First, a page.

Robertson’s memoir about his youth and The Band’s career up to The Last Waltz, called Testimony, was published in 2019.
Robertson spent his 80th birthday on July 5th with his family, and despite being well past retirement age, he was showing no signs of slowing down.
He just scored director Martin Scorsese’s new film, Killers of the Flower Moon, which will be out in October. The soundtrack will include a new song inspired by the film, “Still Standing.”
His second memoir is close to the final draft. It details the “wild year-and-a-half that he and Scorsese lived together after both their wives left them.” His first book, 2016’s Testimony, ended with The Band’s 1976 farewell concert, The Last Waltz, and this new one picks up while Robbie and Scorsese were working on the concert film.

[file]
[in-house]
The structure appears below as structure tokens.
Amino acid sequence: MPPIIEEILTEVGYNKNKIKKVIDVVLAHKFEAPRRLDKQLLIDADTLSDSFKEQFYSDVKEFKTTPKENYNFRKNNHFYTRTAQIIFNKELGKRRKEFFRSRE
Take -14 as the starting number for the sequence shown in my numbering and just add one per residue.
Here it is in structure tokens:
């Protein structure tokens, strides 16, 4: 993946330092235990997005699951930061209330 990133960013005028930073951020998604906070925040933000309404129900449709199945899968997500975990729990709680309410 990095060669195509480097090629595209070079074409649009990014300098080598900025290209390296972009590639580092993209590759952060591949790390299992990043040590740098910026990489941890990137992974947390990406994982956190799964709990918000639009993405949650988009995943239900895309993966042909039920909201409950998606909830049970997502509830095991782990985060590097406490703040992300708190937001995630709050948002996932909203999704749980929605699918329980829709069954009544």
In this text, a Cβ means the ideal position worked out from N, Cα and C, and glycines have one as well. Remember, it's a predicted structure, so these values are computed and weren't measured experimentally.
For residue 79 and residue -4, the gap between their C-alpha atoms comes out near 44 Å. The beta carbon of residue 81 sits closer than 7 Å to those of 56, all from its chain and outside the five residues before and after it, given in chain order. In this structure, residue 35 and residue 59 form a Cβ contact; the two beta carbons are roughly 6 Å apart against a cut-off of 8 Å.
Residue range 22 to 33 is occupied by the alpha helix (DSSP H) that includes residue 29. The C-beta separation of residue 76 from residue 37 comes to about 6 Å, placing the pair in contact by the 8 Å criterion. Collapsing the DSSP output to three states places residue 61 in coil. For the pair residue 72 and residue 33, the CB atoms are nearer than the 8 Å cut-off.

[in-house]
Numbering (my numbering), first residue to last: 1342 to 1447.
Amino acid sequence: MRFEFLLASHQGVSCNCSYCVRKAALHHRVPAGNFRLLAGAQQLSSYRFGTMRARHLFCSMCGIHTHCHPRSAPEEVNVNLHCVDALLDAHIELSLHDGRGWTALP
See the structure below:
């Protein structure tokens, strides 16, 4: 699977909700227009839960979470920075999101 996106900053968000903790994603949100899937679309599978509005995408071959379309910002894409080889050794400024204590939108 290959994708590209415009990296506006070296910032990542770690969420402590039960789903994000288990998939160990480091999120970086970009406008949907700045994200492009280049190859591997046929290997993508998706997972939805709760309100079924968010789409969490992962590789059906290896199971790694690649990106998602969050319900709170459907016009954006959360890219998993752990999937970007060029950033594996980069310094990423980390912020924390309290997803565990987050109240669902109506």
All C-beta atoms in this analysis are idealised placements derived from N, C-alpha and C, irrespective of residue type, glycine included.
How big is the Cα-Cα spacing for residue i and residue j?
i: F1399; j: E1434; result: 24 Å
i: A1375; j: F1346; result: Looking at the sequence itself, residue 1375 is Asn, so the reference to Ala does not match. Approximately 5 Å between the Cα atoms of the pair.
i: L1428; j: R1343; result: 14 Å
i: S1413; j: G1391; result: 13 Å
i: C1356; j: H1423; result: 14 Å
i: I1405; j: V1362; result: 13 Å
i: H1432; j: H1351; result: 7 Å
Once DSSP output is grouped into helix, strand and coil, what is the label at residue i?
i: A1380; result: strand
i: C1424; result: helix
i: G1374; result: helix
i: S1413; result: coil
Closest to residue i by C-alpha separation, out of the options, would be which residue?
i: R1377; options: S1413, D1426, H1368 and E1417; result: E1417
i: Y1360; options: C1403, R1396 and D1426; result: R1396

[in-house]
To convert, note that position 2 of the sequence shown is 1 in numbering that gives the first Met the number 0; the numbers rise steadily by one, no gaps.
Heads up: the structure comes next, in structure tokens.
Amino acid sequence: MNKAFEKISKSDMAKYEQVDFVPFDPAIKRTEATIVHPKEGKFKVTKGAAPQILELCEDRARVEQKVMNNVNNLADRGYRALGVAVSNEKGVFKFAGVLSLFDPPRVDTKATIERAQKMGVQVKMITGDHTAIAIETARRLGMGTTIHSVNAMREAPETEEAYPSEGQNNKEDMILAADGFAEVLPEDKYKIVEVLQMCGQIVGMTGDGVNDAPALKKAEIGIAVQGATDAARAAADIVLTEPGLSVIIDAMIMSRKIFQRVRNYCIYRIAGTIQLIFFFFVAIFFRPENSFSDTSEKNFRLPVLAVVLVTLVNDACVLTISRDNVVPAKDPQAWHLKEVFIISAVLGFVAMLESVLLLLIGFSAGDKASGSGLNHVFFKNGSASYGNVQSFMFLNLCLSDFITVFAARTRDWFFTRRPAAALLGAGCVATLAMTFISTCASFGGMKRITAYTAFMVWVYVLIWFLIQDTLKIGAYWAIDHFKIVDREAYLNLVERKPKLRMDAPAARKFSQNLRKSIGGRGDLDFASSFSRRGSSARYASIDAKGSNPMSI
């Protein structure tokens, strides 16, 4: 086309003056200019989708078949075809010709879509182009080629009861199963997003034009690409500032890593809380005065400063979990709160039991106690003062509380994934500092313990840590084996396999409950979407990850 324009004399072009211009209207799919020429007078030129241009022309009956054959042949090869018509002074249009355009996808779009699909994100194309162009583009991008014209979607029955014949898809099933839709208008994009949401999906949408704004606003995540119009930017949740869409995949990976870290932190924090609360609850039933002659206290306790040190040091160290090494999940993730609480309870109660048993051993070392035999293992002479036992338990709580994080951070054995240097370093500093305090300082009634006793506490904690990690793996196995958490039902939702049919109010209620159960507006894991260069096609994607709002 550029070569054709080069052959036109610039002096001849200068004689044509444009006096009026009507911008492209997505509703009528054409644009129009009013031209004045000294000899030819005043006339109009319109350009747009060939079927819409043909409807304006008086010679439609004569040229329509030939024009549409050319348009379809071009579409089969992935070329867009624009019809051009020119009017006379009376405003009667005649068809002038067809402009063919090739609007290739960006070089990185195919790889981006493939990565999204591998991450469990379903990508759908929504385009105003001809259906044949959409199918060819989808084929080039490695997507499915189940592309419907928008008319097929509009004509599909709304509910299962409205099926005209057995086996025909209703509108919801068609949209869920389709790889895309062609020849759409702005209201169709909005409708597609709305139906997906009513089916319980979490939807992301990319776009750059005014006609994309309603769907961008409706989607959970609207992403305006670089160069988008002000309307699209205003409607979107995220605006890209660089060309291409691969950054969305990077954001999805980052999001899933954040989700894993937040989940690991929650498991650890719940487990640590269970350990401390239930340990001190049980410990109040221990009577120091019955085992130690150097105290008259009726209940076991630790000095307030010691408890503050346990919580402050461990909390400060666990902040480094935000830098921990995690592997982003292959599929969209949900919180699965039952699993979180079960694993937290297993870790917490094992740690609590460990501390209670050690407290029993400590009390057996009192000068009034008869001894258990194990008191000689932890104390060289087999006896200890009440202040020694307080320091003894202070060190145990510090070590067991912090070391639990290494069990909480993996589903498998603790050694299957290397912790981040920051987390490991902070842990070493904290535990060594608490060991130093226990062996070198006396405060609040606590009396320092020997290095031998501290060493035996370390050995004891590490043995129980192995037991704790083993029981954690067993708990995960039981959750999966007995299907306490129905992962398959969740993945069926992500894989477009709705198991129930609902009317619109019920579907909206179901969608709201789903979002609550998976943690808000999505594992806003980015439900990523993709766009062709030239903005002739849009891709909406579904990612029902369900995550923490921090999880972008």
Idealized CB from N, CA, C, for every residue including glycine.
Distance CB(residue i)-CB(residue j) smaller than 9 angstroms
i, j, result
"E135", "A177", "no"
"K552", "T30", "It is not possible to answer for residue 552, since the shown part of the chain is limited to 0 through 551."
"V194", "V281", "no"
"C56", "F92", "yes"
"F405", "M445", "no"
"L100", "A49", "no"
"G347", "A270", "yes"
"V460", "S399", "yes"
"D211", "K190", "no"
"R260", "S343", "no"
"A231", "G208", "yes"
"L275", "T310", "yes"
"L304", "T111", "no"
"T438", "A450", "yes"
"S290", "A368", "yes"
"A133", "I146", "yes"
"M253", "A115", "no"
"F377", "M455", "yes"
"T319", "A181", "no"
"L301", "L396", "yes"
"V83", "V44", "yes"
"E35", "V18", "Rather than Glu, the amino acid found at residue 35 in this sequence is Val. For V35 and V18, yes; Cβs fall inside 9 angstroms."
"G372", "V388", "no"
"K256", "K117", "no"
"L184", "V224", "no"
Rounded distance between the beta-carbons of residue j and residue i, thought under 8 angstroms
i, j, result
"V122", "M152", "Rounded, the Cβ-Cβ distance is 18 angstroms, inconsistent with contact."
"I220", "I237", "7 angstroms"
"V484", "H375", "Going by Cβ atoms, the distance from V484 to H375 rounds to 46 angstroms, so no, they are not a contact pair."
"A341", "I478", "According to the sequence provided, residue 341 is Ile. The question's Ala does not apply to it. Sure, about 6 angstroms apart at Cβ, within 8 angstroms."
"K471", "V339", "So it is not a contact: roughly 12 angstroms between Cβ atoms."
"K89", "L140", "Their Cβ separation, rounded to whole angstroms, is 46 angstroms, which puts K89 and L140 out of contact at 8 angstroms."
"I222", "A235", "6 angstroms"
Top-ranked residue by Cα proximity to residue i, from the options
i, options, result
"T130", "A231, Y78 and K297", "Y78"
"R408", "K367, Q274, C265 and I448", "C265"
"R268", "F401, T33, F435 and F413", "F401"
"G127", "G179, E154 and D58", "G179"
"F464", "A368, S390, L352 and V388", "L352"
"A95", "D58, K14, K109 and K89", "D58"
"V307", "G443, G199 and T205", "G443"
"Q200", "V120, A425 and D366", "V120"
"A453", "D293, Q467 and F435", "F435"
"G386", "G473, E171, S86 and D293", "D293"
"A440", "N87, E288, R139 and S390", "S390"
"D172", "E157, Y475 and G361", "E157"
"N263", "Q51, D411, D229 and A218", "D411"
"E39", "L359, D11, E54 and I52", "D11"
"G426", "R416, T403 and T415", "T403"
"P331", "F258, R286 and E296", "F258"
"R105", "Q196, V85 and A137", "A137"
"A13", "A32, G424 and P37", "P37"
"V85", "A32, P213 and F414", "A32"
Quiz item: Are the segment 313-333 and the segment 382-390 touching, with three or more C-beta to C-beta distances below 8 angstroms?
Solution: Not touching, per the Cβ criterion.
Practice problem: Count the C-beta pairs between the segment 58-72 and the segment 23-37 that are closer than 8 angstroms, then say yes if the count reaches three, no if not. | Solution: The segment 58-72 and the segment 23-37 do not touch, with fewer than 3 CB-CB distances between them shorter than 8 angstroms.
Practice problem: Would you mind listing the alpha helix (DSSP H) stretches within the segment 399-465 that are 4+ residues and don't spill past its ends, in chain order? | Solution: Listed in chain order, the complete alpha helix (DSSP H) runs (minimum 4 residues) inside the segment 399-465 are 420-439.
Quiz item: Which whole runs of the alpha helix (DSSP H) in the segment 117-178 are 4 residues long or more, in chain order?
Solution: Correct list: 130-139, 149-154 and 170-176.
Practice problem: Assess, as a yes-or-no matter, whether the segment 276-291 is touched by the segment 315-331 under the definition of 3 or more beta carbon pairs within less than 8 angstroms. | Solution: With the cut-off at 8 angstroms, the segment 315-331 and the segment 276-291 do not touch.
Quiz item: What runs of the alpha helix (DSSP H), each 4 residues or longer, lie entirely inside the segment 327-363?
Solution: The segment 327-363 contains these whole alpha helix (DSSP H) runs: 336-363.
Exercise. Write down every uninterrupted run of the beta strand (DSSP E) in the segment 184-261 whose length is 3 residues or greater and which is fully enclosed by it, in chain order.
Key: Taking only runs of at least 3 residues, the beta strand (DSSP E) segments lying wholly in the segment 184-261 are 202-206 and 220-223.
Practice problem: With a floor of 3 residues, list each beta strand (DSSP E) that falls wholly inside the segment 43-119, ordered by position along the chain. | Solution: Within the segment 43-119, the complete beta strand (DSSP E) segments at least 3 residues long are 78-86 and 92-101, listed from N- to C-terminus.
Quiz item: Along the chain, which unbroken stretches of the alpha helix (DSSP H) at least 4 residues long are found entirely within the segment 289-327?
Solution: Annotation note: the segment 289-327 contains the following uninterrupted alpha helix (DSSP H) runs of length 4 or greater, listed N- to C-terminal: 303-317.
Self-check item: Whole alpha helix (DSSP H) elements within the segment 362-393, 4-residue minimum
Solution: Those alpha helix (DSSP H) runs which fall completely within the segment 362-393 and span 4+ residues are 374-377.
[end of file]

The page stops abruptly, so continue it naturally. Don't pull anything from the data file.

He also just finished overseeing the Dolby Atmos mixes of The Band’s first album, 1968’s Music From Big Pink.
And finally, Robertson was scheduled to be part of his longtime friend Eric Clapton‘s Crossroads Guitar Festival on September 23rd and 24th at the Crypto.com Arena in Los Angeles.
Robertson is the fourth member of The Band to pass following Richard Manuel in 1986, Rick Danko in 1999 and Levon Helm in 2012.
This leaves their oldest member, Garth Hudson, as the lone surviving member. He turned 86 on August 2nd, which Robertson acknowledged online, and lives in a nursing facility in New York State.